Governor Hochul launches website with resources for the Ukrainian people and their allies in New York

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Resources include support services, immigration assistance, emotional support, humanitarian assistance, and information on ways to show your support.

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Governor Kathy Hochul today announced the launch of a new website featuring resources offered by New York State and its partners to help Ukrainians and their friends and allies here in New York. This follows the governor’s announcement warning consumers about scams and cybersecurity threats amid Russia’s invasion of Ukraine. In another show of support, the governor also announced that the Ukrainian flag will fly over the Capitol building, the executive mansion and the headquarters of the Division of Homeland Security and Emergency Services.

Governor Kathleen Hochul

“Ukraine’s resilience in the face of Vladimir Putin’s tyranny is an inspiration to the rest of the world, and many New Yorkers are already doing their part to support humanitarian efforts,” Governor Hochul said. “In times like these, New Yorkers always stand together to support those in need. We are proud to provide trusted resources for those who want to lend a helping hand to our Ukrainian brothers and sisters here in New York.

This directive is part of Governor Hochul’s ongoing efforts to support Ukraine. Last week, the governor announced an executive order prohibiting state agencies and authorities from entering into contracts with entities that continue to do business in Russia. In early March, Governor Hochul announced steps to strengthen the Department of Financial Services (DFS) sanctions enforcement against Russia, including the expedited acquisition of additional blockchain analytics technology. In February, Governor Hochul ordered all state agencies and authorities to withdraw public funds from Russia and stop doing business with Russian companies.

Resources available on the website include:

Support Services

The Office for New Americans (ONA) offers a variety of free support services to all immigrants and refugees in New York State, regardless of status, such as:

  • Access to free legal assistance, including asylum claims and defense against deportation, through its network of legal service providers
  • English courses through its network of Opportunity Centers
  • Access to mental health support groups through its Golden Door program
  • Workforce readiness tools including resume writing, digital literacy skills, and credential assessment
  • Support to access developmental disability services through the ONA Ramirez June initiative

Visit the Office of New Americans website here or contact their hotline at 1-800-566-7636. The NYS New Americans Helpline connects immigrants and refugees to free services across the state. The Hotline operates from 9:00 a.m. to 8:00 p.m., Monday to Friday, except on public holidays. All calls are confidential. Support is available in over 200 languages, including Ukrainian and Russian.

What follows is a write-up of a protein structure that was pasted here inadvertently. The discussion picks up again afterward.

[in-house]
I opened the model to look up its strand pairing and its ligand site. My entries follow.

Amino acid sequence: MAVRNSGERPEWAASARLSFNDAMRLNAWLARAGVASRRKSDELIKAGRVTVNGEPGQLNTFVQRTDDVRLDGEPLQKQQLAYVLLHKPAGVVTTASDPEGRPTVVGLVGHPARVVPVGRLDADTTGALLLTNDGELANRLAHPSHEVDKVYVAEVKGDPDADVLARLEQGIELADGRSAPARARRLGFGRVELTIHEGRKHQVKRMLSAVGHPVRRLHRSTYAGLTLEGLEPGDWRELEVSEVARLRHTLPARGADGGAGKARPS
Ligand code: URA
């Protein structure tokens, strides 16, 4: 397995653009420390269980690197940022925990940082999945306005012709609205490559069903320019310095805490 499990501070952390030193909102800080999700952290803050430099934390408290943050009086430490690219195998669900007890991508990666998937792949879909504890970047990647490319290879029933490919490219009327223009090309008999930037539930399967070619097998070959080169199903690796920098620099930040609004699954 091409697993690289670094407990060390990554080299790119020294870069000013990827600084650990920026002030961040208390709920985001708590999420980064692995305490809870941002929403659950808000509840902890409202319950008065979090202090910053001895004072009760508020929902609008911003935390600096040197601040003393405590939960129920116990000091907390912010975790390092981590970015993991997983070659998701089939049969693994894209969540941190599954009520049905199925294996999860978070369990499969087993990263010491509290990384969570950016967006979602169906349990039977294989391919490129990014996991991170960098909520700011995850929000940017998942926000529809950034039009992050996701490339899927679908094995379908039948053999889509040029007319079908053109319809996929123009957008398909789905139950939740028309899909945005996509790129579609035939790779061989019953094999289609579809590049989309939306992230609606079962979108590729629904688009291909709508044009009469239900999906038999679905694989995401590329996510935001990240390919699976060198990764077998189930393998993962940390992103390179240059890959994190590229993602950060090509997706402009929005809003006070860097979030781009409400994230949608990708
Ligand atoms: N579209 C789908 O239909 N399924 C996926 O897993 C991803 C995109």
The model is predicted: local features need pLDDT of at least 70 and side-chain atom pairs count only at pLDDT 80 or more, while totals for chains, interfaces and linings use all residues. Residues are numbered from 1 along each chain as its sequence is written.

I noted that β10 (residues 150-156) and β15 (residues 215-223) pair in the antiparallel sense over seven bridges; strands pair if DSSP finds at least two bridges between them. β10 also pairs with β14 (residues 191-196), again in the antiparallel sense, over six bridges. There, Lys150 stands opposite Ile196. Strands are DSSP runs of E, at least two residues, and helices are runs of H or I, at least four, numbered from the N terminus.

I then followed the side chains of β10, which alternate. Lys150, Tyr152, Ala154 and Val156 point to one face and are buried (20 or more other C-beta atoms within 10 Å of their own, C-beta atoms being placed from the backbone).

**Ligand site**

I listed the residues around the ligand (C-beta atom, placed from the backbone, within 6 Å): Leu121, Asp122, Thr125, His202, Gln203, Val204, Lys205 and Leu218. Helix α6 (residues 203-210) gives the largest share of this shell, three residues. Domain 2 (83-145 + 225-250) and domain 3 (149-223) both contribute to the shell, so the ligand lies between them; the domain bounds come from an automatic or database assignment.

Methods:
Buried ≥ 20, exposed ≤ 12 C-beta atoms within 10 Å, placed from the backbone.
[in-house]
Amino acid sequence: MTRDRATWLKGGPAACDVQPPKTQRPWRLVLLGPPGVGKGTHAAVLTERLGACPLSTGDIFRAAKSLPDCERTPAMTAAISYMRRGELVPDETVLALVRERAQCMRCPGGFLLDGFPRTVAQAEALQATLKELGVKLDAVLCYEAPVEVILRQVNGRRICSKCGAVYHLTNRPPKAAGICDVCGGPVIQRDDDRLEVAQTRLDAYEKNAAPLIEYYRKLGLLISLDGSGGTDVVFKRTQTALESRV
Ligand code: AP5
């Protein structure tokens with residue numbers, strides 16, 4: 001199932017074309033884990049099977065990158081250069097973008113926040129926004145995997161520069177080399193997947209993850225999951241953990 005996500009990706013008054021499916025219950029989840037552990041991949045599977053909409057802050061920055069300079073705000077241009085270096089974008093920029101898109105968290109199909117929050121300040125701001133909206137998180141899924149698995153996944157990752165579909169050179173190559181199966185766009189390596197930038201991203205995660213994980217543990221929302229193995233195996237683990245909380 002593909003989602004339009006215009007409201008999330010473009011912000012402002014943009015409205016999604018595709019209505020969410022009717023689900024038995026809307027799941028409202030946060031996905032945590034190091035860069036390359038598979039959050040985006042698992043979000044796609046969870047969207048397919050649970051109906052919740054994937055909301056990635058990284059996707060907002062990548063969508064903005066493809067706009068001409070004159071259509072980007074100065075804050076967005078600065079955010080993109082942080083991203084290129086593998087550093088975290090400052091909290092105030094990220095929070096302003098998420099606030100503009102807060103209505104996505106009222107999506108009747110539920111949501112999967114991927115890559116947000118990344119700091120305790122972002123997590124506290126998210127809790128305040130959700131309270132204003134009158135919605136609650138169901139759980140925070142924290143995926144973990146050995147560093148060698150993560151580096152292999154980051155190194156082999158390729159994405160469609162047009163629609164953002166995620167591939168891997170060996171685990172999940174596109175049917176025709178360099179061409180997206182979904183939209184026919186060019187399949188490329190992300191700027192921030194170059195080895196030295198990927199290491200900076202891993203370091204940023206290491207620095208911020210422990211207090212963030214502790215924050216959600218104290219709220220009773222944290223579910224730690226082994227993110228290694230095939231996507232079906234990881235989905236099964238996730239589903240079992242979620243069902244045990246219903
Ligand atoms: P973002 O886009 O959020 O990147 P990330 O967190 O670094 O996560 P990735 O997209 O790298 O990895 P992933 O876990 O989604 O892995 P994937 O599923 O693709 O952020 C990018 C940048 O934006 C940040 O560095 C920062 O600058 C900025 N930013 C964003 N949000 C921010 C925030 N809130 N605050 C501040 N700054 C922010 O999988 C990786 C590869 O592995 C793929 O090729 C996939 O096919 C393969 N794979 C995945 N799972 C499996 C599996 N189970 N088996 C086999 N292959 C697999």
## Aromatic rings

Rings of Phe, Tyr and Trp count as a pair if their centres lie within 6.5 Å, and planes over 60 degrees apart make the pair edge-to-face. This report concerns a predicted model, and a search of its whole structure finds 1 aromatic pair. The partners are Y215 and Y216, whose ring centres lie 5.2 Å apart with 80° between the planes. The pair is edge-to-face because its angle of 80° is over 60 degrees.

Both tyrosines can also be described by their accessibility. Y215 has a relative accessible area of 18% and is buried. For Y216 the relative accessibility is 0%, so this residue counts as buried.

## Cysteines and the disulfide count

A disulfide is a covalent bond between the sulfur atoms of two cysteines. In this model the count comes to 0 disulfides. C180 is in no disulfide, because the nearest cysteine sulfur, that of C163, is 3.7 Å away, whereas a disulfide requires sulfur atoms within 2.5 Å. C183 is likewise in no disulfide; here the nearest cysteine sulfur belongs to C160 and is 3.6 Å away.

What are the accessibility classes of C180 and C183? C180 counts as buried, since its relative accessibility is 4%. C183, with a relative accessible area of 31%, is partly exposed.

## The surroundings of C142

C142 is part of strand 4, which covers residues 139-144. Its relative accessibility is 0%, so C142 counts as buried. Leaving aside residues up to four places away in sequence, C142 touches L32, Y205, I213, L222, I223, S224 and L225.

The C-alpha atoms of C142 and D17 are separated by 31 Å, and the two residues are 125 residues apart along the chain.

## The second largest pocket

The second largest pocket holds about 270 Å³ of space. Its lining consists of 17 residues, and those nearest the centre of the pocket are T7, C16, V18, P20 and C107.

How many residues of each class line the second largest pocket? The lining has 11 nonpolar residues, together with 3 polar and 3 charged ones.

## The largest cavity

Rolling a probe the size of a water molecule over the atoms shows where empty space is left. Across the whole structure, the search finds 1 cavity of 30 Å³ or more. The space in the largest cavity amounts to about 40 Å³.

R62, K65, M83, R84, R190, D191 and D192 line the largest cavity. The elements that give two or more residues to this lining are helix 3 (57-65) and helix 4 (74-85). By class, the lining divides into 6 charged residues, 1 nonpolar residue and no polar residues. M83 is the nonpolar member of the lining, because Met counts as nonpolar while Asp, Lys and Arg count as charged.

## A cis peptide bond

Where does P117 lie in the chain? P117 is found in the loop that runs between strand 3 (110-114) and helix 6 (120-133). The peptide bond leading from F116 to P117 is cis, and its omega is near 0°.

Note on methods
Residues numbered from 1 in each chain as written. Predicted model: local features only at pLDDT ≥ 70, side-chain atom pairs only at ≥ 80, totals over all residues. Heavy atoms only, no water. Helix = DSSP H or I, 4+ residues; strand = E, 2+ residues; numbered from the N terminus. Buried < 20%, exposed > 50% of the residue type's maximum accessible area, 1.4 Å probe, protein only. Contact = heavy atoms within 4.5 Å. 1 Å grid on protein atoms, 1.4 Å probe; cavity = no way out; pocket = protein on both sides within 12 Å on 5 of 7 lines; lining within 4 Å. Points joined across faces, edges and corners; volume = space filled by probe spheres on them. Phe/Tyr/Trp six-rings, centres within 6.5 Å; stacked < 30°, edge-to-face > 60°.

If you are a US citizen in Ukraine, the US State Department has resources for those wishing to leave. They also offer travel conditions and land border advice for neighboring countries, including Poland, Romania, Hungary, Slovakia and Moldova.

U.S. citizens in Ukraine must complete this form online so the Department of State can communicate with you. US citizens wishing to leave Ukraine can also call 1-833-741-2777 (in the US) or 1-606-260-4379 (from abroad) for immediate assistance. You can also visit the Ukraine crisis page on the State Department website here.

The Consulate General of Ukraine in New York currently provides consular services. However, all consular services requiring receipt of Ukrainian documents, including issuance of new passports and visa services, have been suspended until further notice.

If you have questions about visas or passports, you can contact the Consulate General by emailing [email protected] or calling 212-371-6965 or 212-371-5690.

Ukrainians in New York who are experiencing an emergency (e.g. detention) can call the consulate hotline number at 917-325-1444 for assistance.

Immigration assistance

Protections may be available for eligible Ukrainians already in the United States Following the Russian military invasion, the Department of Homeland Security announced a Temporary Protected Status (TPS) designation for Ukraine during 18 months. Individuals eligible for TPS under this designation must have continuously resided in the United States since March 1, 2022. Ukrainians eligible for TPS can contact the NYS New Americans Hotline for free legal assistance at 1-800-566-7636.

If you have recently been granted asylum, the Office of Temporary and Disability Assistance, through contracted providers, offers free services to asylum seekers throughout New York State.

Visit a provider in your area who can help you with:

  • Find a job
  • Free health checks and vaccinations
  • Access other support services